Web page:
The first lesson-from-history article (11-11-05 DM Review) looked at how in May 1940, within Winston Churchill's administration, a real-time decision-making environment was created.

The second lesson-from-history article (05-19-06 DM Review) examined the Bentley Priory decision-making environment, at the center of an integrated air defense system, and part of an overall sense-and-respond system used by Royal Air Force (RAF) Fighter Command under Air Marshall Hugh Dowding.

The third lesson-from-history article (08-18-06 DM Review) examined the supply chain run by Whitehall and how Lord Beaverbrook introduced the concepts of agility to improve the efficiency of the supply chain.

The fourth lesson-from-history article (11-17-06 DM Review) examined in more detail the third area, Bletchley Park, the role of intelligence, and ultimately Knowledge Management.

The fifth lesson-from-history article (01-16-07 DM Review) examined in more detail the fourth area, Storey's Gate, the Map Room and the executive dash board for Churchill.

The sixth lesson-from-history article (02-13-07 DM Review) examined Storey's Gate and the Cabinet War Rooms, a collaborative environment for decision making environment, and its relationship to the Map Room.

The seventh lesson-from-history article (03-30-07 DM Review) examined how the basic components of the solution came together and were integrated into a sense and respond solution.

The eighth lesson-from-history article (04-27-07 DM Review) examined how the interfaces for information exchange and the solution was integrated and prepared for testing and operation.

The ninth lesson-from-history article (07-10-07 DM Review) examined how the solution was tested to the breaking point and put into operation as a "sense and respond" or adaptive solution in readiness for the forthcoming air battle.


In May 1940, Churchill, faced with an imminent invasion, ran a project that integrated four areas into a solution. These were all at different levels of development and maturity, and included Bentley Prior, the Whitehall supply chain for fighter production, Bletchley Park and Storey's Gate (see Figure 1). This tenth lesson-from-history article examines how Churchill set up a governance framework to transform the UK and support the solution as shown in Figure 1. The term governance as used in industry (especially in the IT sector) describes the processes that need to exist for a successful project.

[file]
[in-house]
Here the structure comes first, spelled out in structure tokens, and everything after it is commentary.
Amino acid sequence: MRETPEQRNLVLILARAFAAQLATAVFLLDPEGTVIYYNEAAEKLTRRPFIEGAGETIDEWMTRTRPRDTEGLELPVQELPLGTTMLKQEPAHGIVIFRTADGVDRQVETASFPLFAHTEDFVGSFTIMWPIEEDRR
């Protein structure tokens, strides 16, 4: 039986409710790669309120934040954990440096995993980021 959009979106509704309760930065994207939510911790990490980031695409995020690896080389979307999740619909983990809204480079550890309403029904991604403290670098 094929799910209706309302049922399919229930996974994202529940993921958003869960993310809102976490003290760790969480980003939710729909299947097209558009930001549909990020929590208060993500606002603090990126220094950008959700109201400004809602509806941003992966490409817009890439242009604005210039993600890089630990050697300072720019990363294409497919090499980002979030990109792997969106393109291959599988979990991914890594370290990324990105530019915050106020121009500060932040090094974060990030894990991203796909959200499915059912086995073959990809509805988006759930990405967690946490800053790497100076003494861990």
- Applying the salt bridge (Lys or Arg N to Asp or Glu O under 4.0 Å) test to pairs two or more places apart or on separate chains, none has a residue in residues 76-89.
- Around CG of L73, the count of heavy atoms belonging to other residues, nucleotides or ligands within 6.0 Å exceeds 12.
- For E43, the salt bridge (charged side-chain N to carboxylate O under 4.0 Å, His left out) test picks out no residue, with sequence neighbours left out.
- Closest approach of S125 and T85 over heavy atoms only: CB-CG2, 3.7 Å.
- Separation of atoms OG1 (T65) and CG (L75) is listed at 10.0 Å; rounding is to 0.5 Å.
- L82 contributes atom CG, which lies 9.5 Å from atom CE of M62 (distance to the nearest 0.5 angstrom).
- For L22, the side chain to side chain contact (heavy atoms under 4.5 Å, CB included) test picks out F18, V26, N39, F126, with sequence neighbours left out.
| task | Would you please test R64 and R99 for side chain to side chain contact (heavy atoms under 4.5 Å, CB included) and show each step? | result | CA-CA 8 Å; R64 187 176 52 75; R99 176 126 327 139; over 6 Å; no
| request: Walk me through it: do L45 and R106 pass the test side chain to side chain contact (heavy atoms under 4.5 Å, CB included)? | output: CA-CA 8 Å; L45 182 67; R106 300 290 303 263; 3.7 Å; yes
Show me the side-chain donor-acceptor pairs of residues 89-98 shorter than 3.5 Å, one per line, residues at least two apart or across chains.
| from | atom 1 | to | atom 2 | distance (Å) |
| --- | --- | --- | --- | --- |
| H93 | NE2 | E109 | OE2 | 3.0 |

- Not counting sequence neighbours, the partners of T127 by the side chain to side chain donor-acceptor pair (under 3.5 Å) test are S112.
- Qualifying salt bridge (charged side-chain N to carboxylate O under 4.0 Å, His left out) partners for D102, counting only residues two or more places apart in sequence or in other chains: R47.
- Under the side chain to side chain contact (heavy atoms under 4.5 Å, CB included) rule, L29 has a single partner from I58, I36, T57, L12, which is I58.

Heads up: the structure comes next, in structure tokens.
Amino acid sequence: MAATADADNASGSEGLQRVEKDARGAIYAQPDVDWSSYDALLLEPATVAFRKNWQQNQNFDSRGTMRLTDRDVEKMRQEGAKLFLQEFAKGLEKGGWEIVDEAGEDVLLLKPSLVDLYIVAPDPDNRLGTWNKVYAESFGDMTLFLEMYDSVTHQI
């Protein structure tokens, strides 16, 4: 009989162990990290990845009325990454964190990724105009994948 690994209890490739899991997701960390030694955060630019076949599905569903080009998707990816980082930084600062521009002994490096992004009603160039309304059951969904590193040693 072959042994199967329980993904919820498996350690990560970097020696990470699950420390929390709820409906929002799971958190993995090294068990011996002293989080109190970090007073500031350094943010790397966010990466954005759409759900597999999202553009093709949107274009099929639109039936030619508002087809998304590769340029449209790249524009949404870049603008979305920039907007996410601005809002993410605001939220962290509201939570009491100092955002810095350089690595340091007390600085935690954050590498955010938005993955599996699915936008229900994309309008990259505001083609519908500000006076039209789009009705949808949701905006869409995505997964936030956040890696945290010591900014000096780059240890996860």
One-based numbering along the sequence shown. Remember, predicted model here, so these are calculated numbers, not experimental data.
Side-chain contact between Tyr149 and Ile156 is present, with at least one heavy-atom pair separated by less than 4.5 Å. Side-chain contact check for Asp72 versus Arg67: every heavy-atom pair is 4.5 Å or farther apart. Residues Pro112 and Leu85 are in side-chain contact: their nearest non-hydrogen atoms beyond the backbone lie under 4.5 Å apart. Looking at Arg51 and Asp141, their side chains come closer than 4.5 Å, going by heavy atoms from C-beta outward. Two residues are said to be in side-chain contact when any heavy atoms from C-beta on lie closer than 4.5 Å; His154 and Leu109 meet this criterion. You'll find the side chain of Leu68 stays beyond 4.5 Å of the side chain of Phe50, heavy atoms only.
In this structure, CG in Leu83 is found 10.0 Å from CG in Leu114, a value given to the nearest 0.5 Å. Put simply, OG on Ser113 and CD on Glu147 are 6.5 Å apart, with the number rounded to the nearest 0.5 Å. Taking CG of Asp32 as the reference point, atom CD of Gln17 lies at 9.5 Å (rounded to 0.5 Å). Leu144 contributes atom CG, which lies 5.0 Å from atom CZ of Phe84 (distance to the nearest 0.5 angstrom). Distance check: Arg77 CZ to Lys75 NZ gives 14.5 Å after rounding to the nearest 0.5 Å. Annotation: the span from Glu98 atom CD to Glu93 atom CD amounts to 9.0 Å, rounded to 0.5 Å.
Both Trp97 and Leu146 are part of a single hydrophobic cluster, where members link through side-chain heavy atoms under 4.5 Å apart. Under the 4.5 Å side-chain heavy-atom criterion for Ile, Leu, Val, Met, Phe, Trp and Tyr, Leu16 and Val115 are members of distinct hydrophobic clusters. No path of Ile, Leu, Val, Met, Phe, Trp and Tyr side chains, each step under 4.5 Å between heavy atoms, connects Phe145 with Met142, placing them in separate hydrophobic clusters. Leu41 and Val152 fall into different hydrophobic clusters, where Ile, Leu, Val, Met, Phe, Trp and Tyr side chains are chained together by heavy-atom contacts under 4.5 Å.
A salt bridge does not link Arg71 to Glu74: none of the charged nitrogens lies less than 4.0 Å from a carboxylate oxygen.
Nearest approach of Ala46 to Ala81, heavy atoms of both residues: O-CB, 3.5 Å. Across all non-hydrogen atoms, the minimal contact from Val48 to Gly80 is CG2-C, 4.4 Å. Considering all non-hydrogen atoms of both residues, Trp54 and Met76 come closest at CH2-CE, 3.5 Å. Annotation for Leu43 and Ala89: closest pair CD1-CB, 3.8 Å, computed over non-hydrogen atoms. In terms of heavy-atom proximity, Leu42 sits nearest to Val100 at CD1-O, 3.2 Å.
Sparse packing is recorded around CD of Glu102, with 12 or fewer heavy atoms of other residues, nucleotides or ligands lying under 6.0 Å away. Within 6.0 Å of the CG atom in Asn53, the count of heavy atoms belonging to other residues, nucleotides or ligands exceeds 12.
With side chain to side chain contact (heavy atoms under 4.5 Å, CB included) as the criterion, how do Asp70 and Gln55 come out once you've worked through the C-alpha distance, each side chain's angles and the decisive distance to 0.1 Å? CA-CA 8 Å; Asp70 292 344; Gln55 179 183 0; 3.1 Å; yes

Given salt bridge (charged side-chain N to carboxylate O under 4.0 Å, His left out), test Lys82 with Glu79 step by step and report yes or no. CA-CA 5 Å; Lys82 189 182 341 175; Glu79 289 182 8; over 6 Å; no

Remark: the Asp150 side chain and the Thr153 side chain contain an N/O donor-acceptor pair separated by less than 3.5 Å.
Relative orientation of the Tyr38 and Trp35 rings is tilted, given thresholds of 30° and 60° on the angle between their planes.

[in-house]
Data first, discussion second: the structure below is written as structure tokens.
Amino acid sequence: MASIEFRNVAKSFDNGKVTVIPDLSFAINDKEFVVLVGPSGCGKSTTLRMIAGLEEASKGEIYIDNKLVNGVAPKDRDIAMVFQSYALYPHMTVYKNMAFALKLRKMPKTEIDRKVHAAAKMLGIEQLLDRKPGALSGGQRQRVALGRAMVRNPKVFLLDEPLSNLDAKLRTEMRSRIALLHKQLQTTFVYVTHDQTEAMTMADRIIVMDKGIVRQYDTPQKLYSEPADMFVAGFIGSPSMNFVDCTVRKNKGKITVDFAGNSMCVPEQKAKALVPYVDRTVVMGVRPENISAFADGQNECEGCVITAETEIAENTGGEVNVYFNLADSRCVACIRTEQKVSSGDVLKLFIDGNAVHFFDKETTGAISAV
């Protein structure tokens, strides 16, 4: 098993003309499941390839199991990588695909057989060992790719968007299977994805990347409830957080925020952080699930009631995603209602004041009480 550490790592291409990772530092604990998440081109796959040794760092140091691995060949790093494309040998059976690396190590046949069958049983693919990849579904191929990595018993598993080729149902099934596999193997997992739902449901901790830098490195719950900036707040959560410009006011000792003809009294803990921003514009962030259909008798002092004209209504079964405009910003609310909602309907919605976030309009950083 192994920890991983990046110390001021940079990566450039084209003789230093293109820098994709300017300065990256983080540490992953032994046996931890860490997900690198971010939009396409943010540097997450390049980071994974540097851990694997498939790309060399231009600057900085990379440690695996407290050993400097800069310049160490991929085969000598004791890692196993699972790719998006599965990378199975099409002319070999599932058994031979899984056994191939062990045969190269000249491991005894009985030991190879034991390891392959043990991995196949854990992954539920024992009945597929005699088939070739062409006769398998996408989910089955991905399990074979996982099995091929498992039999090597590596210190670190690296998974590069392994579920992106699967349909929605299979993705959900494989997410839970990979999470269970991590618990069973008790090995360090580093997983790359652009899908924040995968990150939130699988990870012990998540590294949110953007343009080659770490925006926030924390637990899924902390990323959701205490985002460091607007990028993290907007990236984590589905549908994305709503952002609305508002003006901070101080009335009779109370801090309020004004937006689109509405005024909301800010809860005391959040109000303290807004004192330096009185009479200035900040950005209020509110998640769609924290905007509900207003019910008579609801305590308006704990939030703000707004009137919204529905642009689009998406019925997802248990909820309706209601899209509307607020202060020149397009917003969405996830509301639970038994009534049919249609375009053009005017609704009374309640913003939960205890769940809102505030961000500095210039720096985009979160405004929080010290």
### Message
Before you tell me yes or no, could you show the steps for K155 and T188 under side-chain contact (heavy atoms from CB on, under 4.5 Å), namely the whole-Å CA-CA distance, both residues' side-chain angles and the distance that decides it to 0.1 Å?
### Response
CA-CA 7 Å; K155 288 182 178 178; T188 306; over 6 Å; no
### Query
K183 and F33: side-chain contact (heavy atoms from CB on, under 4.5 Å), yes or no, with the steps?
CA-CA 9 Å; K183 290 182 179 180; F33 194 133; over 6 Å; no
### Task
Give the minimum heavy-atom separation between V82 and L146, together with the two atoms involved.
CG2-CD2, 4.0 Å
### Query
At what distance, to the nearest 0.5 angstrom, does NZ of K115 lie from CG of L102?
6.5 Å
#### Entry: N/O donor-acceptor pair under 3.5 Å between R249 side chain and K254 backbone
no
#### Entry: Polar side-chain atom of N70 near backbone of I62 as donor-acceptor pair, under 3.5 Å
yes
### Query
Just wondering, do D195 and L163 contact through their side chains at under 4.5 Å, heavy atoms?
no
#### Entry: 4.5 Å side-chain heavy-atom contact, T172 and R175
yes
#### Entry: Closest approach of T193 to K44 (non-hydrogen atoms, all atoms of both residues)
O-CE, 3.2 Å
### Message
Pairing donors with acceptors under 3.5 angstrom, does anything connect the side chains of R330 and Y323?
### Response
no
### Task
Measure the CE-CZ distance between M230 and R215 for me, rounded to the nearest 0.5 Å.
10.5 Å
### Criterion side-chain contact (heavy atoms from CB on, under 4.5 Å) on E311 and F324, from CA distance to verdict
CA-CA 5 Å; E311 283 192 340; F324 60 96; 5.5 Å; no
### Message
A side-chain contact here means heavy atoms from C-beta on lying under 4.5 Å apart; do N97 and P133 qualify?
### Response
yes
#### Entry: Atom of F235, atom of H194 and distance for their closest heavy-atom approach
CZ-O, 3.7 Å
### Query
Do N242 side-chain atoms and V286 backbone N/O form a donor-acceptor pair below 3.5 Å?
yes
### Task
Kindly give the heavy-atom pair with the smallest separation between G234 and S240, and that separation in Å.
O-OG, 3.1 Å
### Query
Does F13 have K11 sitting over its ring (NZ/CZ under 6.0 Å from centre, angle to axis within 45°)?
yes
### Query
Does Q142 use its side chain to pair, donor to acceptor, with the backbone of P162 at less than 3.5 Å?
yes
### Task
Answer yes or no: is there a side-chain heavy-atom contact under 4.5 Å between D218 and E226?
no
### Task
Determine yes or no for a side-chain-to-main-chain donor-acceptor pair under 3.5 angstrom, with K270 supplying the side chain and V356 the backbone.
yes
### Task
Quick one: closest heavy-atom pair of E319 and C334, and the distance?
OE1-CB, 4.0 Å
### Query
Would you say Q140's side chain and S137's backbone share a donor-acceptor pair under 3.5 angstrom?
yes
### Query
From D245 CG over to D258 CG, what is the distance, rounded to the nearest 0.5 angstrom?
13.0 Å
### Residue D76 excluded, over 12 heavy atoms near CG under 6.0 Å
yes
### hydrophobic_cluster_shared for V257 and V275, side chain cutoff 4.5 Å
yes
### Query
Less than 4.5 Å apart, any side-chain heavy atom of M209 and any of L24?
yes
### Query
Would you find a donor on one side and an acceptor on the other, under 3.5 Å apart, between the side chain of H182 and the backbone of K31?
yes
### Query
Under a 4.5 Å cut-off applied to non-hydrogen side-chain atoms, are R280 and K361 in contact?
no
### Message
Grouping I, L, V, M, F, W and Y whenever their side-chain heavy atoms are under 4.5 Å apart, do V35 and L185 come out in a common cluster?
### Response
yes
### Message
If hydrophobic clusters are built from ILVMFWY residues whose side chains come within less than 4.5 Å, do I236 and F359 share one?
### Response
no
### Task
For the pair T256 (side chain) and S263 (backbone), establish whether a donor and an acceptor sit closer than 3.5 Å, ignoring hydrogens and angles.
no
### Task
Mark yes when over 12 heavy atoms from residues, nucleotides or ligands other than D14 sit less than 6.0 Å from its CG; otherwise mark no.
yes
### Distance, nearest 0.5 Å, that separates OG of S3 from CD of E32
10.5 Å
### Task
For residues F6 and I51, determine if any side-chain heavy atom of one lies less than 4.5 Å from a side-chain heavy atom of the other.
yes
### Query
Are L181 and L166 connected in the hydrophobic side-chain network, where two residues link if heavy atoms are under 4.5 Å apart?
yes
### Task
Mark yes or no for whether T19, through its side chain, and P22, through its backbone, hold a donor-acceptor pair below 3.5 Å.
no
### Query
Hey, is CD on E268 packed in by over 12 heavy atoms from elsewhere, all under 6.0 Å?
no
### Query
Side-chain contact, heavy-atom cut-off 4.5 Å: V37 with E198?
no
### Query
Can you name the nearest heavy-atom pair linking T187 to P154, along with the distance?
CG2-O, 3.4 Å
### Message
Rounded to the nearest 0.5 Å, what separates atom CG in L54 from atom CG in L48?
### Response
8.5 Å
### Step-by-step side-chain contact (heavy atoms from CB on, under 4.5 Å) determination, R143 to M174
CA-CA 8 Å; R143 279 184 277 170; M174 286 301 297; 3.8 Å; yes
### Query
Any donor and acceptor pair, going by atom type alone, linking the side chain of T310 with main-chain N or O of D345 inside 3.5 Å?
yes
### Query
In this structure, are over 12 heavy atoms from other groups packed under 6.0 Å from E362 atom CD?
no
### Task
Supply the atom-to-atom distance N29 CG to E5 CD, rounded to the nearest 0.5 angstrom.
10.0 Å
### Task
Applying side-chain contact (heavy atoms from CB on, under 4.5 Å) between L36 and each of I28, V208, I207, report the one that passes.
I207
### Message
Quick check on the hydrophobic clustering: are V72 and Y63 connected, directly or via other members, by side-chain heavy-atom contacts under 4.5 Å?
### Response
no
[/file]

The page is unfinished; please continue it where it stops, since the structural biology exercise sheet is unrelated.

Churchill inherited a governance framework but knew it was flawed as he faced insistent criticism that there was no central direction of the economic effort. His disparate organizations consisted of government, military and civilian groups that were well-organized and highly institutionalized structures, but had unique cultures, acted autonomously and were used to working in their own ways. The armed forces had evolved independently, without much need to interface with each other, jockeying for resources, and even had their own lexicons. The Royal Navy considered itself unique, and was reluctant to closely cooperate or share resources with the British Army or its junior partner, the Royal Air Force (Part 6).


Following Dunkirk on June 6 Churchill wrote to Eden: “We are indeed the victors of a feeble and weary departmentalism.” This reflected the desire for change. Churchill had to reign in these organizations, particularly the military, deconstruct the vertical silos and reconstruct a horizontal enterprise view of total warfare. He had to resist pressures, politics and prioritize the choices, and integrate these organizations to fight for a single purpose. To achieve this transformation, he needed a governance framework that worked and compliance to that framework. He also had to deal with adoption of his project, selling the nation and overcoming barriers to success.